All of these are about the same natural world, but different aspects, different levels of details, different concerns. (Eg. experimental physicists place enormous care on quantifying the systemic and particular uncertainties of the experiment, whereas theoretical physicists instead focus on the fundamental workings of the theory - they test it through computation. All of those are math, math, math, just different.)
This way of thinking is a bit flawed.
Convenience is an important aspect, but it's not the entire reason. A physicist who wants to study how skiers might cause avalanches by modeling/simulation doesn't care about the details of the people they model because that's just not important. For what they want to study, it doesn't matter if they model the human as a sphere or as a real-life model with limbs and so on. It won't affect the grand picture.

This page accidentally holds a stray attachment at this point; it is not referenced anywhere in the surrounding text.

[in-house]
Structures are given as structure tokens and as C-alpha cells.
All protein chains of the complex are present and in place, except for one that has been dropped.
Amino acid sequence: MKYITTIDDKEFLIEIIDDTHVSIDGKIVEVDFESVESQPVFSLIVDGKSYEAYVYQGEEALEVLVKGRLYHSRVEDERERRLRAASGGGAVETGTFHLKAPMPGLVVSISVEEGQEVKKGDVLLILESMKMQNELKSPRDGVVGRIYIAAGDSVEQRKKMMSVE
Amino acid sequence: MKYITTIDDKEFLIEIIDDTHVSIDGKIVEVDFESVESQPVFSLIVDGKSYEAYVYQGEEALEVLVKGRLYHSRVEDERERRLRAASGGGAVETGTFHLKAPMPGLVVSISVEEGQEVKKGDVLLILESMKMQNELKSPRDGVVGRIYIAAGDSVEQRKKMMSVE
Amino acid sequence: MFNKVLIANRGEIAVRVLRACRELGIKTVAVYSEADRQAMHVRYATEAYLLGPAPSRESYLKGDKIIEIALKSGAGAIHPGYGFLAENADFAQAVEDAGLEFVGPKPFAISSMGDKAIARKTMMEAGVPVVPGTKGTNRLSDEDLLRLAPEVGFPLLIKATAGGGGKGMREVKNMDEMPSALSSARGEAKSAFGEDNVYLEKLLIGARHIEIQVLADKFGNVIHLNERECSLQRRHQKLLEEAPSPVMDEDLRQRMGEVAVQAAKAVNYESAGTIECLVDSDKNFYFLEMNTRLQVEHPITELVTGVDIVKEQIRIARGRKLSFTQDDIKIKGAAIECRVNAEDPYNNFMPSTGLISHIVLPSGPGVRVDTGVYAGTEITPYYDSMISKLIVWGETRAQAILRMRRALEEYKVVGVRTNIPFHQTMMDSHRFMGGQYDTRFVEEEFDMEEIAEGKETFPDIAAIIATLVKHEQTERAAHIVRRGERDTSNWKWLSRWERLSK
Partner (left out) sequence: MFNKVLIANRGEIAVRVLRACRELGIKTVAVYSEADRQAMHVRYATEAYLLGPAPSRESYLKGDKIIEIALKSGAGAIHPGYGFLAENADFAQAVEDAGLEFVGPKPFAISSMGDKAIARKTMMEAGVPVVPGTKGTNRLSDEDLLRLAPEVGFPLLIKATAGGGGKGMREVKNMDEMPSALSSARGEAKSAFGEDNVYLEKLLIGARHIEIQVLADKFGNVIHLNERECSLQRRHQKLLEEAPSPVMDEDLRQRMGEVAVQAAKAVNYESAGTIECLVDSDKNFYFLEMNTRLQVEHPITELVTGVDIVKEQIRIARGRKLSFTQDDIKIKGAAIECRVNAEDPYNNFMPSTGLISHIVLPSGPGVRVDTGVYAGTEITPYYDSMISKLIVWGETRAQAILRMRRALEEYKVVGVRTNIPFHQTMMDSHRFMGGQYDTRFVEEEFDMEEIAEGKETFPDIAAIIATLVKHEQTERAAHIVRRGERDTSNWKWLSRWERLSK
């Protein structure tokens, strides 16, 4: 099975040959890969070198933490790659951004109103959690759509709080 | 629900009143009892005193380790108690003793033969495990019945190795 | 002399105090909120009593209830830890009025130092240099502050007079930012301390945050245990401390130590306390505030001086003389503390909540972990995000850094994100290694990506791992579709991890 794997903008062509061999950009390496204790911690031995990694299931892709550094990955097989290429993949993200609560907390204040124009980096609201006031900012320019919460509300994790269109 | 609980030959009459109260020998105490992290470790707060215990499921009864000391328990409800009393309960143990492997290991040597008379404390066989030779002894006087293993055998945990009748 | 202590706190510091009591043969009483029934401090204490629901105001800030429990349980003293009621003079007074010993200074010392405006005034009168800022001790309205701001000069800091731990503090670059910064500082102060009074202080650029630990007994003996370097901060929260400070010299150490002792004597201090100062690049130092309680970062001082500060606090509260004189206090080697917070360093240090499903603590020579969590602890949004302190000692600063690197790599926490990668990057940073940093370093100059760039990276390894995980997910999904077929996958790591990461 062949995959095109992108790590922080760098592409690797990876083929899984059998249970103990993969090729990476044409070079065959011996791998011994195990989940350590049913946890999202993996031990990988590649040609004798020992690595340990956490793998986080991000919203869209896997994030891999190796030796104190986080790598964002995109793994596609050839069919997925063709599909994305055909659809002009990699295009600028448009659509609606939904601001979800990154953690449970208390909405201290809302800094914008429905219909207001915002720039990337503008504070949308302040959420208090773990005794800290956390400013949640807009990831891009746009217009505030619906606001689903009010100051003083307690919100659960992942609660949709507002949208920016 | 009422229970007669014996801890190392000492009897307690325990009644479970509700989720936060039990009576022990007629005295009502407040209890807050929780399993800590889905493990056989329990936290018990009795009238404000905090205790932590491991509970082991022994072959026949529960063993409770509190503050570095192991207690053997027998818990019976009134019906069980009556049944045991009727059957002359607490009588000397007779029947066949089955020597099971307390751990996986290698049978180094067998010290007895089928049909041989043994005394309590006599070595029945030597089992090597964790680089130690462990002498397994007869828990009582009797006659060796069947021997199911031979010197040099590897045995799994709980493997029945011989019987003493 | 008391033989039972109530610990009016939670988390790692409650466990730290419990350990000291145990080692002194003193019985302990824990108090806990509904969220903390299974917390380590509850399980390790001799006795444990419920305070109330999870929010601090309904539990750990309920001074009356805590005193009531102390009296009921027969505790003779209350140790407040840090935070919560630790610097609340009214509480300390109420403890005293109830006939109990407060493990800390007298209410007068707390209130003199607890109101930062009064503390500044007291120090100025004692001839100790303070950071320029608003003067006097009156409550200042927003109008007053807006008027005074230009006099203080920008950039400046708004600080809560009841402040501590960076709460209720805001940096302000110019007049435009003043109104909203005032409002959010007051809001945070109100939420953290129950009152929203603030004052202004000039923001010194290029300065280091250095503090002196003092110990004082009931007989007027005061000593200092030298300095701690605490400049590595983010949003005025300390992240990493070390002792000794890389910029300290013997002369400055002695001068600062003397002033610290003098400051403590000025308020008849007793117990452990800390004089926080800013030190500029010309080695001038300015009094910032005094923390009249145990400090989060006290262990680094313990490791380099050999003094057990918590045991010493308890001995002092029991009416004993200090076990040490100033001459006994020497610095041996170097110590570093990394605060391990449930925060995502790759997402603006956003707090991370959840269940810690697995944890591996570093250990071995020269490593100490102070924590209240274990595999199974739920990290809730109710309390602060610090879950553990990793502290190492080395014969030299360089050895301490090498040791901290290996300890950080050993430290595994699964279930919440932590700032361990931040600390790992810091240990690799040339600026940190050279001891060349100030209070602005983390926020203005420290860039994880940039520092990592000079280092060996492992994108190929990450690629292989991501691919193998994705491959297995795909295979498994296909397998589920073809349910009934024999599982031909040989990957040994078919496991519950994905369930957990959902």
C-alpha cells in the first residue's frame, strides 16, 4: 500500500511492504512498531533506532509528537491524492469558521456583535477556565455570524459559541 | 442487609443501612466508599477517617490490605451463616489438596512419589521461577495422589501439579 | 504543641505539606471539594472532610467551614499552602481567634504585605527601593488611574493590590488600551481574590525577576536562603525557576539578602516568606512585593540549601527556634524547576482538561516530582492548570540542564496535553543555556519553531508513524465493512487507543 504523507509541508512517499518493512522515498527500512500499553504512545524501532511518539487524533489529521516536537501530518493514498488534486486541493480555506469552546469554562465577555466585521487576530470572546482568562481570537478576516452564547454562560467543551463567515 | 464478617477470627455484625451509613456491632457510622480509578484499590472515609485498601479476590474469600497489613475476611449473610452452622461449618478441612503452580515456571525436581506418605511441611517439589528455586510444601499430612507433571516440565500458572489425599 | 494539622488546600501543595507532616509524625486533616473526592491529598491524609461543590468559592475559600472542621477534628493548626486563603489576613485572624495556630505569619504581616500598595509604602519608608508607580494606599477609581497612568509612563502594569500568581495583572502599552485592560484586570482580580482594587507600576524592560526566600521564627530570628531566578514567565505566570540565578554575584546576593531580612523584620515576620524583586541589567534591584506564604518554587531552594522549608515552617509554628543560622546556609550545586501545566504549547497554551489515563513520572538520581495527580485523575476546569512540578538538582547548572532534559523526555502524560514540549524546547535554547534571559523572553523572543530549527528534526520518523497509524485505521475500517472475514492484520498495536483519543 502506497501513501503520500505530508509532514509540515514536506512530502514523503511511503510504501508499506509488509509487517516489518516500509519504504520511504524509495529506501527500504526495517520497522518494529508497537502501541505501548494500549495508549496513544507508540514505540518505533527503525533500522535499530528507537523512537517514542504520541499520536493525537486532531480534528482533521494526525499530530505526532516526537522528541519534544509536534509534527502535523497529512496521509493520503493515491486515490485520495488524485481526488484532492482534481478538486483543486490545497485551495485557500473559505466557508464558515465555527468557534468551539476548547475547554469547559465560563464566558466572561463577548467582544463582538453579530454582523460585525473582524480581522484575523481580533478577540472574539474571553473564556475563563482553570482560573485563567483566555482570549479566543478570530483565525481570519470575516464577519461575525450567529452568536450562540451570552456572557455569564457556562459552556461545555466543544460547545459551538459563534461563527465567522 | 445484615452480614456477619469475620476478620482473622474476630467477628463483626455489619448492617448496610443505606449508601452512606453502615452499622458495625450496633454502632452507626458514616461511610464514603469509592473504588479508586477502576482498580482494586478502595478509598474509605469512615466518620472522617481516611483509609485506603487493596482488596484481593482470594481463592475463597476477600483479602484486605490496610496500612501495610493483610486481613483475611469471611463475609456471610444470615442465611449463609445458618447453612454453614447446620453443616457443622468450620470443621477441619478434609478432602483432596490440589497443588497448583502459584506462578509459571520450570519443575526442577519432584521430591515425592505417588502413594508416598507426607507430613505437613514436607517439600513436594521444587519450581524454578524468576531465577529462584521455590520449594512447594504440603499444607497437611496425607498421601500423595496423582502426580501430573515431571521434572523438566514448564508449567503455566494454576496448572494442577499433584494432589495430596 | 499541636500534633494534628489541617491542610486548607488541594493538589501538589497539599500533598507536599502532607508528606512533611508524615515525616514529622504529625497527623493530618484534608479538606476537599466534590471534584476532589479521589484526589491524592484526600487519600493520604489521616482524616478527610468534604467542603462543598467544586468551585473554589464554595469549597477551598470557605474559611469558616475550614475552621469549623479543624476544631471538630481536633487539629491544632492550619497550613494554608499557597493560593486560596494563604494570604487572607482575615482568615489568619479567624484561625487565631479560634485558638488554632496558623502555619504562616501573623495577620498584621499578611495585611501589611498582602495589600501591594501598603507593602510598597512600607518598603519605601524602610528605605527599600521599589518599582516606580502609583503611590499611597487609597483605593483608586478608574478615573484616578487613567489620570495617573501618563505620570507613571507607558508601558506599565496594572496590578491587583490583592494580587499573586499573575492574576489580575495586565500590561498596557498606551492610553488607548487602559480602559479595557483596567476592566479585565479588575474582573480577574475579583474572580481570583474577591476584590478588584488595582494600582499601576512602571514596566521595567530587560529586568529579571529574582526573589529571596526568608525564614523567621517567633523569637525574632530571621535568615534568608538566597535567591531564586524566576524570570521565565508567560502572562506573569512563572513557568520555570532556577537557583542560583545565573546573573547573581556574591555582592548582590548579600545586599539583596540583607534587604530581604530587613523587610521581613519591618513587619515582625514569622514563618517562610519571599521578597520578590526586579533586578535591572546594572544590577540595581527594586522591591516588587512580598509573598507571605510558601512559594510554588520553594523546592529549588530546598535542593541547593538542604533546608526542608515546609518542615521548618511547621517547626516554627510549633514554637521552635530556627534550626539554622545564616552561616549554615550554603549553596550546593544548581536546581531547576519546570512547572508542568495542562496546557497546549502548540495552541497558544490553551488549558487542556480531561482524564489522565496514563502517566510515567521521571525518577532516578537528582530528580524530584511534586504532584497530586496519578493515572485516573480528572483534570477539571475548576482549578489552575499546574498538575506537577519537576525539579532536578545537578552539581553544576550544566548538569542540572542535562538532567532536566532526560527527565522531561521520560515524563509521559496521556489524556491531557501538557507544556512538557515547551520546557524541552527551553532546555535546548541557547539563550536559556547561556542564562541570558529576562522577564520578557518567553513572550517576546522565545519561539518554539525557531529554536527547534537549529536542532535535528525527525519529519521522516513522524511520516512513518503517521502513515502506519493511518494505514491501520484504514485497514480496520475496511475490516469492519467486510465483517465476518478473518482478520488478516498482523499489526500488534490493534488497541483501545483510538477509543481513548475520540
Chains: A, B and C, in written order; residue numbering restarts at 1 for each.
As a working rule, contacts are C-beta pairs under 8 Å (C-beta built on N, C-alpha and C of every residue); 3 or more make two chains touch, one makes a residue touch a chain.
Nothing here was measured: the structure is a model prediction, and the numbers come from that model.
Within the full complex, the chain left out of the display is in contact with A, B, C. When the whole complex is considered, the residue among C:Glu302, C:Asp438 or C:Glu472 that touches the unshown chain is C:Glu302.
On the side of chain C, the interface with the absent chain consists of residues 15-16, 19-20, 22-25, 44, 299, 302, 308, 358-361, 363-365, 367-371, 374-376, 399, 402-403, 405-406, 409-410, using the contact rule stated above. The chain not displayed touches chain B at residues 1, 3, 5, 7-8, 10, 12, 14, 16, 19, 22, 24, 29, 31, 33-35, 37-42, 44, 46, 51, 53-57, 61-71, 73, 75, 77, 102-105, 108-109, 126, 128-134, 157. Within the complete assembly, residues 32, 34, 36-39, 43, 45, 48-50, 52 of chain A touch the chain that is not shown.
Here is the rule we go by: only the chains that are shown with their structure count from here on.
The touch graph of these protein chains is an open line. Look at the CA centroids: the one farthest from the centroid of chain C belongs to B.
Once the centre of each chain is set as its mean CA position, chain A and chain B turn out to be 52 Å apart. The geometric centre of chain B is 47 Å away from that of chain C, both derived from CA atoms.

On the other hands, a physicist who wants to study how an avalanche would crush a person? Then yes, modeling the limbs and the person's physical properties become much more important.
In modeling, you choose the model that best fits and represents what you aim to study. You start off with a complex system of equations and then you slowly go through and remove the parts that would be irrelevant. You don't need to account for turbulence if you know that you will never reach the high Reynolds numbers that require it. You don't need to model cellular biology if you're just trying to modeling how a piece of tissue stretches.
The exact claim is that such modeling, eg, fails to find avalanche dangers that truly exist in the world of skiers moving their body on physical skies, due to their shifting and localized weight, which is missing in the spherical skier model. Your post does nothing to address this.